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By: Danette Mckay
Image stabilizers are helpful fancy additions to zoom lenses. In high zoom factors every tiny camera movement is translated to a blurry photo. There are different techniques to avoid such movement but sometimes when taking photos fast without a tripod or special equipment an image stabilizer lens might be the only way to go. Here is how and why.

There are different techniques you can use to eliminate camera movements. For example, you can hold the camera against a steady surface such as a table, a wall, a bench or a light pole. To make sure that the surface is indeed stable try to shake it a bit with your hand. When holding the shutter down and taking the photo apply some force on the camera pushing it toward the surface to make sure it is completely stable.

Another technique to eliminate movement is by simply placing the camera on a horizontal stable surface. The surface needs to be flat and stable. When you shoot the digital photo you should gently press the shutter button making sure that the camera does not move and then let go. One problem with this method is that the camera might shake or bounce when you press the shutter button. You can overcome this by setting the camera to delayed shutter, set the camera to timer mode with the shortest time, 2 seconds is typical. Another option is to use a remote control if your camera supports one and you have it handy.

Image stabilizers are special electro-mechanical devices that are install in zoom lenses. There are basically two types of image stabilizer one that moves the sensor and one that actually uses gyroscopes in the lens to move a floating optical element that compensates for shakings. The latter is more expensive and provides better results. For many years image stabilizers were available in expensive professional cameras. In the last few years a few manufacturers including Canon introduced image stabilizer enabled zoom lenses in a price range that is affordable to amateurs and semi-professional photographers.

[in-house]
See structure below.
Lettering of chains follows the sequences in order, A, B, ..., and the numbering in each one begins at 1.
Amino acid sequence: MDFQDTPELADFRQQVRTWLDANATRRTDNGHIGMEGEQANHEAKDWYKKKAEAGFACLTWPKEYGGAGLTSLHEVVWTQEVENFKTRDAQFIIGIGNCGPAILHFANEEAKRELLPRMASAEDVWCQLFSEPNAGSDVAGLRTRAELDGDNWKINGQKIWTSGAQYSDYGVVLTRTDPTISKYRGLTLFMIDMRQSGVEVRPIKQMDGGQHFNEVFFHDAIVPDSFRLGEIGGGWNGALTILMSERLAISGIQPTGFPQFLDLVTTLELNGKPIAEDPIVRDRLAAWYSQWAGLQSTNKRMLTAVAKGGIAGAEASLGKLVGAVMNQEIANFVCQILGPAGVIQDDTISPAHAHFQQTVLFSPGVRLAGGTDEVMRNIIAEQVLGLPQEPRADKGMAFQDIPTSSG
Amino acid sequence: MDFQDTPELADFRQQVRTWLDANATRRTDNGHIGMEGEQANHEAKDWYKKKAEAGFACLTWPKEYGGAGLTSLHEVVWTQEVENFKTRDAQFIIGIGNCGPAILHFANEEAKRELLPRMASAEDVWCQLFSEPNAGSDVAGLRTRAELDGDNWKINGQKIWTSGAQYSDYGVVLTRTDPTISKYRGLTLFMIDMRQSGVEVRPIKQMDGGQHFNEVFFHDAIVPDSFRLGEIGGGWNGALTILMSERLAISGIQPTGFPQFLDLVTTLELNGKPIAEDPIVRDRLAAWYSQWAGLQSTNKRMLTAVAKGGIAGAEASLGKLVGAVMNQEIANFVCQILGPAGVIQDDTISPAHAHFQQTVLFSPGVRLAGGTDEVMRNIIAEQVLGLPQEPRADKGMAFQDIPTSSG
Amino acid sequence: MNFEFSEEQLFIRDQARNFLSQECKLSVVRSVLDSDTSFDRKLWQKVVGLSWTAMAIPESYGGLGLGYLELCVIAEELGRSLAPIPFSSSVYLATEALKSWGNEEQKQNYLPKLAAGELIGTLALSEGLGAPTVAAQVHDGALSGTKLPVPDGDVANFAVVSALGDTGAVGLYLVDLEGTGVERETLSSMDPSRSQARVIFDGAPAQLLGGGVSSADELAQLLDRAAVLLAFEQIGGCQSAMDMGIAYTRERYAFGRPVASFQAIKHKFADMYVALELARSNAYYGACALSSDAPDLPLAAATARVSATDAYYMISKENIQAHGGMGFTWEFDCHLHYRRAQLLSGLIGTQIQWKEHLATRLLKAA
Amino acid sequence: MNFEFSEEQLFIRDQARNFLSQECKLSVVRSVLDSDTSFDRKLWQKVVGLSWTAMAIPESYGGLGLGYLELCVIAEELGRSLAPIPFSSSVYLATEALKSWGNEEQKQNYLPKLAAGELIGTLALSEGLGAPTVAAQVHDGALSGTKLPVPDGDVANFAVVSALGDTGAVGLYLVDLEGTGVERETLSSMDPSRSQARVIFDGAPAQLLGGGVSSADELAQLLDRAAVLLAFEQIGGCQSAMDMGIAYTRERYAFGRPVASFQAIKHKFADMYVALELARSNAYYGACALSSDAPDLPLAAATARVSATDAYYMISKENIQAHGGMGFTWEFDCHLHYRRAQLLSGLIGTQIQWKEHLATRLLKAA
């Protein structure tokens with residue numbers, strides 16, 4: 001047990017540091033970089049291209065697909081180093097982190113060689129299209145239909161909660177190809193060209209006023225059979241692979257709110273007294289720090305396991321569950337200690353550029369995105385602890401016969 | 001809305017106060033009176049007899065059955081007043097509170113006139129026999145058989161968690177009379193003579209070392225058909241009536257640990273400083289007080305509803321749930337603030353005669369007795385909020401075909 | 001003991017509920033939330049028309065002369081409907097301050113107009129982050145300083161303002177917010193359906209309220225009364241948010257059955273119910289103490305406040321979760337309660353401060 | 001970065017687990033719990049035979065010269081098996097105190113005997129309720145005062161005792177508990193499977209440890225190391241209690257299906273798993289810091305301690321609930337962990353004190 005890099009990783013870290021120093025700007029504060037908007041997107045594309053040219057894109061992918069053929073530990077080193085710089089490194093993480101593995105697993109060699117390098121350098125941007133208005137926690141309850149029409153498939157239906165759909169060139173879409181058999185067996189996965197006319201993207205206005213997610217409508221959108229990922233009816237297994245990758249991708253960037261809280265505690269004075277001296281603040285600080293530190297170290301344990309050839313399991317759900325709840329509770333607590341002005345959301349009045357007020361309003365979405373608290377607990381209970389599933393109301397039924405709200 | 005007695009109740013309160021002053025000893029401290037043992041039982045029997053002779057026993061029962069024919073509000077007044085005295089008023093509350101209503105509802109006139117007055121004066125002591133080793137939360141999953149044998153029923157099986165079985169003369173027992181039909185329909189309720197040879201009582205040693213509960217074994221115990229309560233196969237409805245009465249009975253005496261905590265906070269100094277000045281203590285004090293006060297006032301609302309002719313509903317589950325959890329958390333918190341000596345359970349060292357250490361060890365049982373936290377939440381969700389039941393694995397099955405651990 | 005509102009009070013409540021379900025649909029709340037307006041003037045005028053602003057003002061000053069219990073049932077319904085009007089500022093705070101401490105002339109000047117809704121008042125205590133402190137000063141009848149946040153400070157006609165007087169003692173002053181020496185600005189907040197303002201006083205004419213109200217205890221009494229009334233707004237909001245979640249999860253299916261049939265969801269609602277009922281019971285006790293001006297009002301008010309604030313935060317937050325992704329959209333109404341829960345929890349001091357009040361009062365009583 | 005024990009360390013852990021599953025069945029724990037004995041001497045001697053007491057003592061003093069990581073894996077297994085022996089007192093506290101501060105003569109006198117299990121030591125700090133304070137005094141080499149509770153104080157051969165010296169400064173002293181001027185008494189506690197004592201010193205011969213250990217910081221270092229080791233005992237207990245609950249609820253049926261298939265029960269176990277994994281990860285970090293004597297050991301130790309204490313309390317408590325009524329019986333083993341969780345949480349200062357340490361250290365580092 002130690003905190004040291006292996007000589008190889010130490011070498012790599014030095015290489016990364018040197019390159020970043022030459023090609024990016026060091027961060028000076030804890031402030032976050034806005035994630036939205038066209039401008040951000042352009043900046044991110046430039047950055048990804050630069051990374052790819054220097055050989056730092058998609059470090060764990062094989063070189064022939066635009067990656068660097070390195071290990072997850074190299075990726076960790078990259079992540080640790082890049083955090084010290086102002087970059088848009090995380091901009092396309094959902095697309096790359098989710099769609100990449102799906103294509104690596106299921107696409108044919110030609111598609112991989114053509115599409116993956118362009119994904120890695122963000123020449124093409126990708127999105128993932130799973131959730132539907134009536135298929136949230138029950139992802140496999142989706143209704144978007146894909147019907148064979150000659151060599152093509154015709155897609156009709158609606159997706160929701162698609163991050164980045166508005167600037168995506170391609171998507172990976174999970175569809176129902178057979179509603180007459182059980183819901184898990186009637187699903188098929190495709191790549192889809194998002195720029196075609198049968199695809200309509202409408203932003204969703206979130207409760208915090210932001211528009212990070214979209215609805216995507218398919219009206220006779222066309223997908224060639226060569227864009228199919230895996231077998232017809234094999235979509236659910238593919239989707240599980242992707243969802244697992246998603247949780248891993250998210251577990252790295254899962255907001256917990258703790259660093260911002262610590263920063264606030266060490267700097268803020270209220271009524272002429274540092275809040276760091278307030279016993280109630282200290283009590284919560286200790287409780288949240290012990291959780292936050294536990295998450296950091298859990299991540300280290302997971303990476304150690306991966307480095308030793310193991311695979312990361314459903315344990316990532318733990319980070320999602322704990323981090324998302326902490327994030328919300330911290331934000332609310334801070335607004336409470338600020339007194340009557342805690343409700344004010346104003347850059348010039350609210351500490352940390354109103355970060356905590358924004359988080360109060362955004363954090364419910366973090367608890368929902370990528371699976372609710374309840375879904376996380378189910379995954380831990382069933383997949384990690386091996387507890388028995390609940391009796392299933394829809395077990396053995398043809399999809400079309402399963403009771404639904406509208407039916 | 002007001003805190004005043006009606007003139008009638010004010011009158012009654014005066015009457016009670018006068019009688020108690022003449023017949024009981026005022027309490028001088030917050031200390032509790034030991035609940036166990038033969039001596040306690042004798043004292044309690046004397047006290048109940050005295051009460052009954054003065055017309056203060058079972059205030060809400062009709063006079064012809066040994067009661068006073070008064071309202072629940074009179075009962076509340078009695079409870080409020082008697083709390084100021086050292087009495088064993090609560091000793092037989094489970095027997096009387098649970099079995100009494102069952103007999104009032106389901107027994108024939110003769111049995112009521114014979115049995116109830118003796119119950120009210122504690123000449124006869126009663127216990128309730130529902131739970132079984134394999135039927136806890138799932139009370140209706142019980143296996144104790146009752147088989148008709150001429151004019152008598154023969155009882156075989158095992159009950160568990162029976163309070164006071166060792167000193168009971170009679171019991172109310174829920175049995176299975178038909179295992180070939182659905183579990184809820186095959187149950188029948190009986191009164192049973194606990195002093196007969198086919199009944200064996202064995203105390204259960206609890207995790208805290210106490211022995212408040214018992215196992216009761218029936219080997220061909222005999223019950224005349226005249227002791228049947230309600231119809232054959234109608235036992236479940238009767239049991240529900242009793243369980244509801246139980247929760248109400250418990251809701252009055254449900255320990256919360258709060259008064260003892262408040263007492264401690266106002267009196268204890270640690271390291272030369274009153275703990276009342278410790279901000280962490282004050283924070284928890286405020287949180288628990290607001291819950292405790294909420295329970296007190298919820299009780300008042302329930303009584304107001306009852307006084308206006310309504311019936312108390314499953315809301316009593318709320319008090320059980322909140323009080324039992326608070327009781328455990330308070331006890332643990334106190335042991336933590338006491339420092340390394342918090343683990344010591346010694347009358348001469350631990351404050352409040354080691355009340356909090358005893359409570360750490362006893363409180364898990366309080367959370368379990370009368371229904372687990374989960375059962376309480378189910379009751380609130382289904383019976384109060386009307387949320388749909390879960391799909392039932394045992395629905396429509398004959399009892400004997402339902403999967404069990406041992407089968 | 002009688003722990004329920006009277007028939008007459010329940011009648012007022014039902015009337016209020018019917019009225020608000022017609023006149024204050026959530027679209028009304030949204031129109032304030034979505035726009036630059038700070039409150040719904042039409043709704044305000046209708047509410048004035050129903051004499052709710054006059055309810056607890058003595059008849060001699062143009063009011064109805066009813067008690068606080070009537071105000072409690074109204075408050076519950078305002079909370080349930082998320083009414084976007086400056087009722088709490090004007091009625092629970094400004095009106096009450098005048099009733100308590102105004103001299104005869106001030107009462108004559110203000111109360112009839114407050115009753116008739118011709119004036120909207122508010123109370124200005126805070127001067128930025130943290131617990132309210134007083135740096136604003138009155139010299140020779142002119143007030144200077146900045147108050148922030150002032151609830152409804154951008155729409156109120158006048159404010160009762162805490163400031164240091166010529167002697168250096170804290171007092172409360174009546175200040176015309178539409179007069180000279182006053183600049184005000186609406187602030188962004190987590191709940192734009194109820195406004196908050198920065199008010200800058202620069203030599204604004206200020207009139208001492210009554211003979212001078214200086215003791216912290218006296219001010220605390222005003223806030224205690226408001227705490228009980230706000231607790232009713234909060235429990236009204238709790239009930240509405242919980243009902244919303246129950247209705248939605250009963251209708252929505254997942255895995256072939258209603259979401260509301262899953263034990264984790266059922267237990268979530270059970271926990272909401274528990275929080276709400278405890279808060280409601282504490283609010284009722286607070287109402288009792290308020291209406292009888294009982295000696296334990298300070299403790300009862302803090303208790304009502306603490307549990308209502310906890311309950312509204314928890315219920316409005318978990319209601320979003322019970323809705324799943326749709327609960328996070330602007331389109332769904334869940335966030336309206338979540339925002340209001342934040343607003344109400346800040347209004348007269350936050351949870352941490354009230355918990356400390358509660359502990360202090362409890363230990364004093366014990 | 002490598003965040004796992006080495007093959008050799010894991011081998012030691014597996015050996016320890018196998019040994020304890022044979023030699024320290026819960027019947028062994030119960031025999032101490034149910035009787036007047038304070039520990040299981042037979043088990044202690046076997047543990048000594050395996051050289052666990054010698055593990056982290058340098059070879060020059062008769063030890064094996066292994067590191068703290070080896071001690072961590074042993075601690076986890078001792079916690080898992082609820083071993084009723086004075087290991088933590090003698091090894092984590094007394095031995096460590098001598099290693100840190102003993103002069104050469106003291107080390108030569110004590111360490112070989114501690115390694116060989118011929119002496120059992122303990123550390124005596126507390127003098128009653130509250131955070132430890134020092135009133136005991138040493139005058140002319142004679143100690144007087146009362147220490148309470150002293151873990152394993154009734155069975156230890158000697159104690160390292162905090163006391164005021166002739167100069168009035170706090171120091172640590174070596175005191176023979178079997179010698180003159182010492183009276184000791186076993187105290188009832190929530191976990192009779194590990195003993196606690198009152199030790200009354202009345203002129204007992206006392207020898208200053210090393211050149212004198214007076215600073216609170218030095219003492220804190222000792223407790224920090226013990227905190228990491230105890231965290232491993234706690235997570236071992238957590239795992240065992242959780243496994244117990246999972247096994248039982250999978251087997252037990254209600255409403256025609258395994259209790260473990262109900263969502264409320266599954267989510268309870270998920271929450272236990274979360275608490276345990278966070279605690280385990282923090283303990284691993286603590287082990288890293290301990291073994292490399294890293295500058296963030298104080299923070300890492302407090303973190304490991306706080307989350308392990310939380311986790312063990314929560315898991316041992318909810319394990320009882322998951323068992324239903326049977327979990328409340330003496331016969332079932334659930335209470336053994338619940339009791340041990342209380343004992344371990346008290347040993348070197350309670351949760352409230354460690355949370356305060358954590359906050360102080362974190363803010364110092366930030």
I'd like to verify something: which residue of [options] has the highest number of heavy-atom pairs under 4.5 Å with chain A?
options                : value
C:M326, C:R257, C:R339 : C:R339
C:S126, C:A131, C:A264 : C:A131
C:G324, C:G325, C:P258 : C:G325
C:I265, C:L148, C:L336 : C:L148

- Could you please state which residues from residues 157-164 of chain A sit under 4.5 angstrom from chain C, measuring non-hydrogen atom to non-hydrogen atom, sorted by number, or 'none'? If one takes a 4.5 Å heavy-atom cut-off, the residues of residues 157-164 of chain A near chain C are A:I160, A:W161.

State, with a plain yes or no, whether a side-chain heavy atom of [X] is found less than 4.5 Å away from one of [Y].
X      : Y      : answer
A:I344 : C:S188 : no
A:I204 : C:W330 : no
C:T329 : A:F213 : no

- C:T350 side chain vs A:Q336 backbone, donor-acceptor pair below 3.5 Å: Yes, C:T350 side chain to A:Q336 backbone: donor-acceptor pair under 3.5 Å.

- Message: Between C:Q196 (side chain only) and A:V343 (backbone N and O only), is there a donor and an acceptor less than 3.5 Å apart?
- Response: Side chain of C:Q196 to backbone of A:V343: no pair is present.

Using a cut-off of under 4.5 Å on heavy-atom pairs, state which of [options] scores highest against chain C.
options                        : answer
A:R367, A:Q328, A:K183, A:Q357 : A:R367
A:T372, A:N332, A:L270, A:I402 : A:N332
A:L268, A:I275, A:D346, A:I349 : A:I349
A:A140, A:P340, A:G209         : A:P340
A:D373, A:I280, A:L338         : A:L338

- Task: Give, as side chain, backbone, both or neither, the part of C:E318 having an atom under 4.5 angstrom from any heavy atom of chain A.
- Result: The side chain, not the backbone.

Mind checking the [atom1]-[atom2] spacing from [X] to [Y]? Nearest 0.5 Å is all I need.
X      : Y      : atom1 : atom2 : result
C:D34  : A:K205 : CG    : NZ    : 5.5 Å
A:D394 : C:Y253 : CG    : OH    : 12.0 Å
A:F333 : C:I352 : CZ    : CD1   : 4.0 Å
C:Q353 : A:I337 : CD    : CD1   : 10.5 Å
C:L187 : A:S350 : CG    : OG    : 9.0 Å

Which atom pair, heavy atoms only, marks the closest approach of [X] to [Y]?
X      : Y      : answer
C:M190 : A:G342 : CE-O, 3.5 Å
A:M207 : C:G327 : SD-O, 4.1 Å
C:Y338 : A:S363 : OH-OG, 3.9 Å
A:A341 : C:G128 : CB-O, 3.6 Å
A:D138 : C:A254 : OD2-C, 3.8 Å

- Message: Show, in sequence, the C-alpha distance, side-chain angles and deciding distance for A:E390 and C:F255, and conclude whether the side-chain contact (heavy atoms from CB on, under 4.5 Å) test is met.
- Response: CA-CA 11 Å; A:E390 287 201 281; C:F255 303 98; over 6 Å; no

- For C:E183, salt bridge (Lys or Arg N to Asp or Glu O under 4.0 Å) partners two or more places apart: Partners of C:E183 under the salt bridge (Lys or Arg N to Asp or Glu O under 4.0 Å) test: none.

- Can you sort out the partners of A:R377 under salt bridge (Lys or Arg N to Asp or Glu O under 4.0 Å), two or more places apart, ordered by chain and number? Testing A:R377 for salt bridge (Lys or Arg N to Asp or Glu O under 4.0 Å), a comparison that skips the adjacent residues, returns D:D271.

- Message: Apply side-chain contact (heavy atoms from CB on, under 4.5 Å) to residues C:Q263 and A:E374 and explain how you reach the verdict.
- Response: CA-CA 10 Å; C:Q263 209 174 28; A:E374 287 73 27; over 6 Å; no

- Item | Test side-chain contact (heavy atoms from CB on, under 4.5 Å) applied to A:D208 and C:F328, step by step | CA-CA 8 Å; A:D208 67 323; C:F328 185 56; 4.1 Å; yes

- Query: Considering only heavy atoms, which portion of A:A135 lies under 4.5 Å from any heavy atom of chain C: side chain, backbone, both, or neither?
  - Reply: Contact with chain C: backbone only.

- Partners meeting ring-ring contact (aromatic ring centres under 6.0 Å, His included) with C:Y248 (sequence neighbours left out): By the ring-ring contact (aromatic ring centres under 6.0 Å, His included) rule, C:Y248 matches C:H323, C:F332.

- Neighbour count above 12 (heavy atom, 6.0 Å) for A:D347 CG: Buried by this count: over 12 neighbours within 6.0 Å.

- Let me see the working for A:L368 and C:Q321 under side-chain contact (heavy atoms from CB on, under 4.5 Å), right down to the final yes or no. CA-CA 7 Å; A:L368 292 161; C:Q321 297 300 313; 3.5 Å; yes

Lets look at the Canon EF 70-200mm f/4L IS USM lens as an example. The Canon EF is compatible with Canon SLR cameras such as the Canon EOS. The lens offers auto-focus zoom. The Canon EF uses a gyro based image stabilizer to compensate and eliminate unwanted camera movements.

Image stabilizers also have drawbacks. When trying to take photos of fast moving objects you might need to intentionally move the camera. Such erratic movements can confuse the image stabilizer mechanism that will in turn either under-compensate or over-compensate. Canon EF tries to solve this by enabling a few different stabilizer modes. In Mode I it corrects movements along both horizontal and vertical axes. If however you are trying to take a photo of a horizontally moving object by panning the camera to the left or to the right, Mode II will disable the vertical axis to prevent unwanted stabilizer side effects.

Another reason why zoom lenses tend to be more sensitive to shakings in addition to the zoom factor is their weight. Zoom lenses are big and heavy. The Canon EF weighs about 26.8 ounces. Such a weight leveraged by its horizontally position far from the hands makes holding the camera stable even harder. Having an image stabilizer is almost a must with such lenses.
Danette Mckay explains about this subject in more depth at full focal range lens allows
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